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•  From the Associated Press:

"The number of Americans filing for jobless benefits rose last week to the highest level in 11 weeks, though layoffs remain at historically low levels.

"Applications for unemployment benefits climbed to 224,000 for the week ending Jan. 27, an increase of 9,000 from the previous week, the Labor Department reported Thursday.

"The four-week average of claims, a less volatile measure, rose by 5,250, to 207,750.

"Weekly unemployment claims are seen as a proxy for the number of US layoffs in a given week. They have remained at extraordinarily low levels despite efforts by the US Federal Reserve to cool the economy."


•  From the New York Times:

"The United States delivered another bigger-than-expected batch of jobs last month, adding further evidence that the economy still has plenty of steam even as its fuel reserves dwindle.

"Employers added 353,000 jobs in January, the Labor Department reported on Friday, and the unemployment rate remained at 3.7 percent.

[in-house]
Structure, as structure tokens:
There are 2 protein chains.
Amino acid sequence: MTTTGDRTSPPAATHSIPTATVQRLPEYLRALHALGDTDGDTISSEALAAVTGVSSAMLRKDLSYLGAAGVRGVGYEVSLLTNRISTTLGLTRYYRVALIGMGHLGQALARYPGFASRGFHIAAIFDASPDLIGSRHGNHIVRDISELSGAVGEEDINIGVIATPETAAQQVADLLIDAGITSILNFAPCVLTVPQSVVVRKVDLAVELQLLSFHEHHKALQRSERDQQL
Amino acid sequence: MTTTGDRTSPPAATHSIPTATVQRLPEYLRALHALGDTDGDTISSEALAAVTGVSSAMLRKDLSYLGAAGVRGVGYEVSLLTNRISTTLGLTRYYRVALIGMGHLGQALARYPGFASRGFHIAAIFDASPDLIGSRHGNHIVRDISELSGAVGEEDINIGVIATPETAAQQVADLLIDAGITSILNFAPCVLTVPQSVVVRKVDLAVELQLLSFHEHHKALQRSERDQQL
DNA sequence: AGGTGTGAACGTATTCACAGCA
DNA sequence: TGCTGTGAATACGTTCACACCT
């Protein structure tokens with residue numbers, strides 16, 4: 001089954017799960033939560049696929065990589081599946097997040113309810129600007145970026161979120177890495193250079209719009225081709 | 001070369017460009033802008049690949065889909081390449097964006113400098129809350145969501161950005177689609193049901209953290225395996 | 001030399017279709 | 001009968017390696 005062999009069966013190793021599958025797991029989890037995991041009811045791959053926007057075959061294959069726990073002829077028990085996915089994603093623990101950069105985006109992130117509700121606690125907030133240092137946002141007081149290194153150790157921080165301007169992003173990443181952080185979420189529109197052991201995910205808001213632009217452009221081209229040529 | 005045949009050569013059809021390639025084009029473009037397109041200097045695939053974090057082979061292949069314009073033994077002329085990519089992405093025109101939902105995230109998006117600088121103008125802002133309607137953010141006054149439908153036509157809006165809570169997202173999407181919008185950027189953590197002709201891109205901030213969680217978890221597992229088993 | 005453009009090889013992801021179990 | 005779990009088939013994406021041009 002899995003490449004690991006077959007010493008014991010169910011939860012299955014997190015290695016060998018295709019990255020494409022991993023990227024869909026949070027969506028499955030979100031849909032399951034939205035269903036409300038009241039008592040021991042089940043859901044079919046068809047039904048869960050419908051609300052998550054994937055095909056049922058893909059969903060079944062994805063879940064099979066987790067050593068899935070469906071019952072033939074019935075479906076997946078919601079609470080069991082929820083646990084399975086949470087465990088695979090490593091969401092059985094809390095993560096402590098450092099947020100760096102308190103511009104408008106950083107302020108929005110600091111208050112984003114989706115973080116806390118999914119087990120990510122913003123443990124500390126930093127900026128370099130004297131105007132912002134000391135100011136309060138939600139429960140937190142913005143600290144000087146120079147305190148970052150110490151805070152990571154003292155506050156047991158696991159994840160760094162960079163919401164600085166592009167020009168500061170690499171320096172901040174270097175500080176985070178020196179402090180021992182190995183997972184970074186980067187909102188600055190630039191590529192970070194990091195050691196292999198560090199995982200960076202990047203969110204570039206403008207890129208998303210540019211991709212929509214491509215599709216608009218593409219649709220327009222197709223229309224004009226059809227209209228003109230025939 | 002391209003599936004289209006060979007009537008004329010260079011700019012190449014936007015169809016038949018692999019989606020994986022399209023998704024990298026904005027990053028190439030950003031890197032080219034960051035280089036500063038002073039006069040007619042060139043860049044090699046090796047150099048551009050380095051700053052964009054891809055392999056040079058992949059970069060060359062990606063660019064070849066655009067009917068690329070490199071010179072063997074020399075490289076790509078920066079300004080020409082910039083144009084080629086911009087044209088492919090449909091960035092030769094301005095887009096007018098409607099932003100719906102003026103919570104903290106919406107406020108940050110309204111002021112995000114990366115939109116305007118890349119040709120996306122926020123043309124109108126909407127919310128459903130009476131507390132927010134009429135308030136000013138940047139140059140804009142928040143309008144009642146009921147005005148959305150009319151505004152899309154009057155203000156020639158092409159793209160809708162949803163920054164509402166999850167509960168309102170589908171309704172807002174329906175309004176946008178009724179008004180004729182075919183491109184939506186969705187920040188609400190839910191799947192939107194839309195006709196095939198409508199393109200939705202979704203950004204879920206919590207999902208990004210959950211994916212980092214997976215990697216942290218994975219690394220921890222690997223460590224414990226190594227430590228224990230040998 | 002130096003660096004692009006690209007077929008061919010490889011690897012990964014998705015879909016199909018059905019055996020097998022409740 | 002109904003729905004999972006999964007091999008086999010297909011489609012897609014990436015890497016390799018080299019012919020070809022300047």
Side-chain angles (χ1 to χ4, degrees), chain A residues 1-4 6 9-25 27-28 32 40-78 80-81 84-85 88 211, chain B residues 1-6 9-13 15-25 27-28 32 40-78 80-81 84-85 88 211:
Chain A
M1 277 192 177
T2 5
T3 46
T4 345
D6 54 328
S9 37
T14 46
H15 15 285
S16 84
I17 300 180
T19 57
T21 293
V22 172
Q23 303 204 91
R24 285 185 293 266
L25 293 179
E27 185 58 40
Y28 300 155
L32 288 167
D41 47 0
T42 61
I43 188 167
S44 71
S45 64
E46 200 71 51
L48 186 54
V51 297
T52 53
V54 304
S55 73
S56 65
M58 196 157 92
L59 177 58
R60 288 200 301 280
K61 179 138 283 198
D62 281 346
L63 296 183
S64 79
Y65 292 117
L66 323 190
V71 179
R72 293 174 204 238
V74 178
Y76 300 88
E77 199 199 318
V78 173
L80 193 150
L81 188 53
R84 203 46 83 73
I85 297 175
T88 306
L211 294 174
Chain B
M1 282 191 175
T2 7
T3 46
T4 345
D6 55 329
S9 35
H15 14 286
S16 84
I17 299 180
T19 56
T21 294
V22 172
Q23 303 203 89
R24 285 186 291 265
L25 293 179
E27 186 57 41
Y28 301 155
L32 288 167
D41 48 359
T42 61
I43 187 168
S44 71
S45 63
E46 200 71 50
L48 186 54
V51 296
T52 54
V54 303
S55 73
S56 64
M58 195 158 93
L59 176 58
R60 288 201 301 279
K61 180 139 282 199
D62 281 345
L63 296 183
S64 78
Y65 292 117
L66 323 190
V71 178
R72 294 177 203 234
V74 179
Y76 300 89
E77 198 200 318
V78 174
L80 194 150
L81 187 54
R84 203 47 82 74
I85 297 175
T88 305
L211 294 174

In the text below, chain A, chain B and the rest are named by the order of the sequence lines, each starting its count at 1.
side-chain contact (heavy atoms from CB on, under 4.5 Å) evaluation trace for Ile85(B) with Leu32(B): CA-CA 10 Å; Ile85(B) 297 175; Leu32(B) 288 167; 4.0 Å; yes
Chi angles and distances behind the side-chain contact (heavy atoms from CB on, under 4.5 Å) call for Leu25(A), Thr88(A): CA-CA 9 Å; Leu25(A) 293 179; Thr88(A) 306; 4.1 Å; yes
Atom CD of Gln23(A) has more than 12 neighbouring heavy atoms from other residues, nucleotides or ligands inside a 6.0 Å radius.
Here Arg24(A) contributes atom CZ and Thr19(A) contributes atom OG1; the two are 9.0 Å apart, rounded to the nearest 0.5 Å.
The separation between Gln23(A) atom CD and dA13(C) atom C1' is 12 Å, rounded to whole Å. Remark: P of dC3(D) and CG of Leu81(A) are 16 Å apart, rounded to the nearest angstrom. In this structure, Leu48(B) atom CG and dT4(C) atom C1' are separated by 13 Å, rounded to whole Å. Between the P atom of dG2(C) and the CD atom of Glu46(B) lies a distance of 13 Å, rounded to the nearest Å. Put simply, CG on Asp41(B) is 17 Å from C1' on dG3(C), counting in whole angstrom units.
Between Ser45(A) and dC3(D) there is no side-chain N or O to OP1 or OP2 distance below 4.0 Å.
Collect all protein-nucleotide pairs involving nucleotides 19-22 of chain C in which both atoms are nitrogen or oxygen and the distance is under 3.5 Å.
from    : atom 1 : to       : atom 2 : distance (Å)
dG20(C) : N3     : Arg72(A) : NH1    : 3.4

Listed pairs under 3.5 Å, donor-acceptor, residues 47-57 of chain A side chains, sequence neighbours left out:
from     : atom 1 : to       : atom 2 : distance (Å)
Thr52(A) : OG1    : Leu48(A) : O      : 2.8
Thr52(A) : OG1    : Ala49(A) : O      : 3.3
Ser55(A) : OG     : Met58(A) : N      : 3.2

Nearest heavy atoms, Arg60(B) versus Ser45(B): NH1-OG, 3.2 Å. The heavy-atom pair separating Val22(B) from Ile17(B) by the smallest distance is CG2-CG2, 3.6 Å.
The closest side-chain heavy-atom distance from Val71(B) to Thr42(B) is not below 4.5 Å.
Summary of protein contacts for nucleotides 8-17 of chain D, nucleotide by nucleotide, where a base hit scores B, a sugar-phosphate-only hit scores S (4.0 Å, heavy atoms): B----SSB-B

"After the loss of 14 percent of the nation’s jobs early in the Covid-19 pandemic, the labor market’s endurance for more than three years has surprised economists, who expected factors including the Federal Reserve’s interest rate increases to slow hiring more sharply."


•  The Anchorage Daily News reports that a Costco Business Center is opening in Anchorage today, described as "the first of its kind in Alaska.

"The business center will sell many products that can’t be found at the four standard Costco warehouses in Alaska, said Bob Ripley, the store’s general manager and a longtime Costco employee in Alaska.

"The business center will focus on serving businesses like restaurants, hotels, offices and convenience stores, he said.

"But it will be open to all Costco members, and about one-third of its products will be similar to a typical Costco warehouse.

"One new feature will be two-day grocery delivery statewide through FedEx, he said. That’s designed to help people who face high prices or limited shopping options in many areas of the state, such as rural residents, he said."